12 More Punny Halloween Costumes

It's that time of year again. Prepare yourself for another round of people dressed as visual gags among the vampires and witches. The best pun costumes make people look at you, think for a moment, and then laugh. Here are some that might make you laugh right now!

1. ASSAULT AND BATTERY

When Above the Law held a costume contest for legally-themed Halloween costumes in 2010, they likely weren't surprised when they got submissions like a ninja warrior or Lady Justice with her scales—but they probably didn't anticipate two NYU students dressing up as a box of salt and a D battery. The pair won first place, based on votes from the site's readers. When asked to comment on his loss, the ninja lawyer could not be found.

2. GANDALF

When a cat-eating alien from Melmac meets the Lord of the Rings, you get GandALF. This ingenious costume was spotted at DragonCon this year.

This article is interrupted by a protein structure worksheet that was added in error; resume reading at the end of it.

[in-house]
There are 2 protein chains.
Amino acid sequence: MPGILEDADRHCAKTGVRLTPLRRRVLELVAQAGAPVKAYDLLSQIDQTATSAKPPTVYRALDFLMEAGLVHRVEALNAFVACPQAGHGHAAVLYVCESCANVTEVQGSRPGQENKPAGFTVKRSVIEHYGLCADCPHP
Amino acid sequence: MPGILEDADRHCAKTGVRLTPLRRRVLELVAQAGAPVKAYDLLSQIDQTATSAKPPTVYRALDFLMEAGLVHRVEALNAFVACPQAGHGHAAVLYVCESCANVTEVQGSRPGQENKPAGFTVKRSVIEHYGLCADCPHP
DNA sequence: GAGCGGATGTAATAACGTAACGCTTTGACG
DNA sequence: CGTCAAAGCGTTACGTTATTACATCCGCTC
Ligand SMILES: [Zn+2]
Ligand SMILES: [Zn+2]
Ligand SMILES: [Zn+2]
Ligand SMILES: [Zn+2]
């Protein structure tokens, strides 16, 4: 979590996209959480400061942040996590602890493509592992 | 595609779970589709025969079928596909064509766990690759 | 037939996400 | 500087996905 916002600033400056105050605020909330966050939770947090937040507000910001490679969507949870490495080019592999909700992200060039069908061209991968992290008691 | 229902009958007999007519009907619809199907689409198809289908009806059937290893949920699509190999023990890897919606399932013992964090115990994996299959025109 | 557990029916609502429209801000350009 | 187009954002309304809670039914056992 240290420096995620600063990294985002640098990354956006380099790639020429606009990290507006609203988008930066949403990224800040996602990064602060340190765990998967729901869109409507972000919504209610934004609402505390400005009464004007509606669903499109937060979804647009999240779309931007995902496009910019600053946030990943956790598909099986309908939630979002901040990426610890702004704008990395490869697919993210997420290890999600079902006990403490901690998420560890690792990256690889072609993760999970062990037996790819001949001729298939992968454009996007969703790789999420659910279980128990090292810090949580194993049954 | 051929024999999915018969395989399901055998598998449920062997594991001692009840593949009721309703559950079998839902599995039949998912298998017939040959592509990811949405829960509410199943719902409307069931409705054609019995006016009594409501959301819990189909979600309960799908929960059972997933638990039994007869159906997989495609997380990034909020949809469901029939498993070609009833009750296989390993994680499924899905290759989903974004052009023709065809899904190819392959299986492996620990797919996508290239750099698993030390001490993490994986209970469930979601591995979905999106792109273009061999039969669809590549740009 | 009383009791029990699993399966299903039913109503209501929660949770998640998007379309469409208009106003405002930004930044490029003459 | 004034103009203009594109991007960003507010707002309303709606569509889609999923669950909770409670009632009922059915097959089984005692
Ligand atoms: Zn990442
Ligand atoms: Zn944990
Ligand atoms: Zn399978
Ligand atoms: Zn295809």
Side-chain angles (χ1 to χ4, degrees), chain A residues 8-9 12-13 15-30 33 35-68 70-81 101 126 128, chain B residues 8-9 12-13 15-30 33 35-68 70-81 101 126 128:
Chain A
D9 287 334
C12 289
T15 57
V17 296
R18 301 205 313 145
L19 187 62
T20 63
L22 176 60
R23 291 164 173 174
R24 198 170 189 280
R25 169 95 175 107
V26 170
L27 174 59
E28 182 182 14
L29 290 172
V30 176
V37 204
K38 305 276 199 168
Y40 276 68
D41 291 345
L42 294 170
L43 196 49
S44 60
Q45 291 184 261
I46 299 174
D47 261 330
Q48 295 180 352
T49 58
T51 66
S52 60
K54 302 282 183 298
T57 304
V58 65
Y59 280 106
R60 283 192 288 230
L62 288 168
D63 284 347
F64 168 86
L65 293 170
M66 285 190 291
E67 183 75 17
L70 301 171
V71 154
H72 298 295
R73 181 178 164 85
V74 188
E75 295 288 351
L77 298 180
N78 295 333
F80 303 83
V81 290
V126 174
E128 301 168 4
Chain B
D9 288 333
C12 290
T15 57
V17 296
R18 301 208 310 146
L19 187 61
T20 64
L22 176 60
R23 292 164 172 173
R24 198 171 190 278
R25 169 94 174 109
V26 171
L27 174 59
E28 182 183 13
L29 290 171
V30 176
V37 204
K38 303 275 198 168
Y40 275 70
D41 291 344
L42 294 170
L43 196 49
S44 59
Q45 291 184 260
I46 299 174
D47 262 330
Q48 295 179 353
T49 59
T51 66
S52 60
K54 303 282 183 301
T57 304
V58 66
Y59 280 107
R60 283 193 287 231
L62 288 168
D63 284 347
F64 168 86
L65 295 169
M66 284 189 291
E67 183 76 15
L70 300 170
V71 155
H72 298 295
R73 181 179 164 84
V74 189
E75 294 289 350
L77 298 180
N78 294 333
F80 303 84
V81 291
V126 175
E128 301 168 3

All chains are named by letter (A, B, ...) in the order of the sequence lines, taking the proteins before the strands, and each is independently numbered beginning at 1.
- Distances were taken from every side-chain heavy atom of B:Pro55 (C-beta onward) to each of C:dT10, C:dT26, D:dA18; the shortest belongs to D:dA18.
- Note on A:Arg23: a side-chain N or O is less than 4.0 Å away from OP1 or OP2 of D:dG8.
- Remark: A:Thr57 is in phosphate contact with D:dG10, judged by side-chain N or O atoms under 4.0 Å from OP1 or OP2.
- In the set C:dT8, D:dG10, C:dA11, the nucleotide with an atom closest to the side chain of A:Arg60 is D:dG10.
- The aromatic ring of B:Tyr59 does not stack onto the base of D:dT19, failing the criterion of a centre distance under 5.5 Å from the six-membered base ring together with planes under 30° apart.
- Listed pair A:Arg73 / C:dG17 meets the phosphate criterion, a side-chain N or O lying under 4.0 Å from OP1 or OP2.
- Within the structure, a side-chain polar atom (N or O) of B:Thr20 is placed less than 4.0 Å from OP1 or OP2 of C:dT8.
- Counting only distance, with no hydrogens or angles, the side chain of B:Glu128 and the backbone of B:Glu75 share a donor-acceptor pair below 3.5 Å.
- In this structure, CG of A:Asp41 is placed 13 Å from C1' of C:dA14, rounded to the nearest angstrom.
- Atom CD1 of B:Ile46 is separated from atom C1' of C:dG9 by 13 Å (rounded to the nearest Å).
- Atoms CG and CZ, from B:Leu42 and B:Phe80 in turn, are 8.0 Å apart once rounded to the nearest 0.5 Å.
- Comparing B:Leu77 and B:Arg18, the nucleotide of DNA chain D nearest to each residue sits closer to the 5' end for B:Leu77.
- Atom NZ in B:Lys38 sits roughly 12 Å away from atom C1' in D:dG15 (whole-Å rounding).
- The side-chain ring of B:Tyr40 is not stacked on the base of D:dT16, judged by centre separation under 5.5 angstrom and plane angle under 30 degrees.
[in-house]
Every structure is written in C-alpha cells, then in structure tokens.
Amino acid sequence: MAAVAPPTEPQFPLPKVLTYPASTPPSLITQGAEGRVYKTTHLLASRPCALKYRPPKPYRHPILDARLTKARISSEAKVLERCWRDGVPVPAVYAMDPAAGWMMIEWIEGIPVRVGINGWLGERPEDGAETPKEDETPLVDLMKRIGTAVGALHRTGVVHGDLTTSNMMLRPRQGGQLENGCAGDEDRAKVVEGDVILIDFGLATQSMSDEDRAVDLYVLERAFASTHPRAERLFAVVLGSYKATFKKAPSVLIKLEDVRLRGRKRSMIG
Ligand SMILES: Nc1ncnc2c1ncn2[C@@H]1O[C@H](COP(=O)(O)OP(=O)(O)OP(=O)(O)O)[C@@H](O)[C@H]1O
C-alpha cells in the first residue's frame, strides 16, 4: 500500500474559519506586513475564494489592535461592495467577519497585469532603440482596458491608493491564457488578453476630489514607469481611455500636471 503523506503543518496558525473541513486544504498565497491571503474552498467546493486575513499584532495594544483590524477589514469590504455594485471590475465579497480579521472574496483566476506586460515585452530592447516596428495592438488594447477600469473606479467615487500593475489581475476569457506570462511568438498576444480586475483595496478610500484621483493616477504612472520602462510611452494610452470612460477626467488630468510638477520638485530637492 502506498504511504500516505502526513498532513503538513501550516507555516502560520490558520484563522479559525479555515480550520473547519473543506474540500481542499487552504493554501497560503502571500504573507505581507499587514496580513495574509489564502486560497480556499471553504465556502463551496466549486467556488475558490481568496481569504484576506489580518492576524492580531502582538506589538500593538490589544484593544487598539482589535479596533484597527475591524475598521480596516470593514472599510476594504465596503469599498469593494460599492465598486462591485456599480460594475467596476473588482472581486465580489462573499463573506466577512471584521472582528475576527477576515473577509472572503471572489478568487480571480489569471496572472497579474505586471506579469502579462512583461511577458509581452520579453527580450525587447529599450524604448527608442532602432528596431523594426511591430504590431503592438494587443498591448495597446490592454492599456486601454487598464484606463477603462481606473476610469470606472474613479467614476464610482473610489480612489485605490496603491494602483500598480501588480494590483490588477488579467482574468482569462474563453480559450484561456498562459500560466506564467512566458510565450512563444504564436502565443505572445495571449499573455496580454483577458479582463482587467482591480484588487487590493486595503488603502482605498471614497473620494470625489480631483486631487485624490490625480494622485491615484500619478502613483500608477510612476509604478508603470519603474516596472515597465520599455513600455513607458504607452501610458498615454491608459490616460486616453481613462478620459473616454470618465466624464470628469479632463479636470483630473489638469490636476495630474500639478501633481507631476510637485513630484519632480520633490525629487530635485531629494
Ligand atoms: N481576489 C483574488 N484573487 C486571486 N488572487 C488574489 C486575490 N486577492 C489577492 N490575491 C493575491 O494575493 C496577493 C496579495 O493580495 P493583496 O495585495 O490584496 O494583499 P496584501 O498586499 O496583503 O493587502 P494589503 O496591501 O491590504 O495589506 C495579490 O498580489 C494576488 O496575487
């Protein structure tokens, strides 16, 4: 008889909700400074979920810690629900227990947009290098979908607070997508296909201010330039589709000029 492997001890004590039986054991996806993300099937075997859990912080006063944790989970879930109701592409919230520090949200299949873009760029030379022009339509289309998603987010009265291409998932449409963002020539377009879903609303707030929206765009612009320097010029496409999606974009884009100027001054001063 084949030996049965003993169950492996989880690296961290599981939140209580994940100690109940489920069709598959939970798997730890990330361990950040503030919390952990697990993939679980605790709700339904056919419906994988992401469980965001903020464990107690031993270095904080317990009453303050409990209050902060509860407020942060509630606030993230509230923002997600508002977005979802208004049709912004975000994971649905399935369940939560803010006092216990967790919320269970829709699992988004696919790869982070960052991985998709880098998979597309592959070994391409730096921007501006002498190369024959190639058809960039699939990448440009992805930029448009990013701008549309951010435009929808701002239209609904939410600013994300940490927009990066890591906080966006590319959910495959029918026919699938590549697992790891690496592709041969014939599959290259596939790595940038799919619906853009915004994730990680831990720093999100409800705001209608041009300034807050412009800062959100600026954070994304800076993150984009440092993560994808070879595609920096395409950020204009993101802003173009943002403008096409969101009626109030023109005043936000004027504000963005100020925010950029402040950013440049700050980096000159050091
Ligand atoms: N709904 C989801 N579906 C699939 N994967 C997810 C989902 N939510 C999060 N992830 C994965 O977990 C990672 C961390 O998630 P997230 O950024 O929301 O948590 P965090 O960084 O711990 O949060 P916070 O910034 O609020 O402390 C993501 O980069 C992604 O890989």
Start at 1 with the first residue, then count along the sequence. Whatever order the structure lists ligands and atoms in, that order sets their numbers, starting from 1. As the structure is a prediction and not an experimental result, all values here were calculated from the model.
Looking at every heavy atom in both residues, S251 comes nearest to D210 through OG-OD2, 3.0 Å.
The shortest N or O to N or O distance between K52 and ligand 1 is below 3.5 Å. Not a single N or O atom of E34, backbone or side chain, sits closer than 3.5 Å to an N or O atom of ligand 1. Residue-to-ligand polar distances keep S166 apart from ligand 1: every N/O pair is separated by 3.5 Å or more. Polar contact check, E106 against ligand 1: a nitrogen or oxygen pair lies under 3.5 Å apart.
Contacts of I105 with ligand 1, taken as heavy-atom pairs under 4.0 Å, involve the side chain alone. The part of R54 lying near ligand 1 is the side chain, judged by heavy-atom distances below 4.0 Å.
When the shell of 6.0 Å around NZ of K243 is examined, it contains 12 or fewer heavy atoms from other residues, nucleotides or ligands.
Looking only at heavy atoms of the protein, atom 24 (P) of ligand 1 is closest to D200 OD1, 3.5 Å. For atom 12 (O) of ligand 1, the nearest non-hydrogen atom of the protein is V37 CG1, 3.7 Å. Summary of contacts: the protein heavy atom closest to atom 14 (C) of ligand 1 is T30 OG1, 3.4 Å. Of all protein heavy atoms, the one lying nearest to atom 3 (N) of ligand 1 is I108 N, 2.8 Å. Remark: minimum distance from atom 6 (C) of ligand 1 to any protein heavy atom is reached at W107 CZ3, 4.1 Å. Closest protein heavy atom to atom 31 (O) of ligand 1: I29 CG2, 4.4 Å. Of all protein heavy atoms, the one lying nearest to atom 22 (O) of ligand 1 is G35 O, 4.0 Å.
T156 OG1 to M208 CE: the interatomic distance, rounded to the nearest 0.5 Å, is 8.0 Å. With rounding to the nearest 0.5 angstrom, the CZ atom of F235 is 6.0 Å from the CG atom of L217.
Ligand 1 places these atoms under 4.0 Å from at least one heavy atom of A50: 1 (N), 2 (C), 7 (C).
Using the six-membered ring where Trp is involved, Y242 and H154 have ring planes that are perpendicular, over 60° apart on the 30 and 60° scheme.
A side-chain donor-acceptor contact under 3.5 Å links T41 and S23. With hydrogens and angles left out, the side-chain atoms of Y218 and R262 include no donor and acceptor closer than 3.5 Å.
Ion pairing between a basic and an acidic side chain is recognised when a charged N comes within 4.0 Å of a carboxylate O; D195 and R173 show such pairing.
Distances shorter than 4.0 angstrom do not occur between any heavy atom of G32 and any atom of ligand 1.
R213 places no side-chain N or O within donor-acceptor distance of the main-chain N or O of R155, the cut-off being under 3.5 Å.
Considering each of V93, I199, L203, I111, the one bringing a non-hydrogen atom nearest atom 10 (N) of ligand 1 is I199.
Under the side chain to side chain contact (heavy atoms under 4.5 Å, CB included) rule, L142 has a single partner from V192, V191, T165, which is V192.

3. ASH WEDNESDAY

Bahamet234 via Imgur

Combine main Pokémon hunter Ash Ketchum (as in "You've gotta 'Ketchum' all!") with Wednesday Addams from The Addams Family, and you get this amazingly dour costume. Bahamet234 shared this picture of her boyfriend’s punny Halloween look, probably telling him, "The world should get a good peek-at-you."

4. BLACK-EYED PEAS

 

Instagram user mad_irene and a friend got together to make themselves into Black-Eyed Peas for Halloween in 2014. Band, chain restaurant, or legume reference? You decide.

5. HAN SOLO CUP

 

Who poured the shot first? Our favorite smuggler from Star Wars gets the “before and after” treatment. Pamela Kemp Grabinski wore this costume to DragonCon in 2013. And here’s a guy who pulled off the same idea in 2015.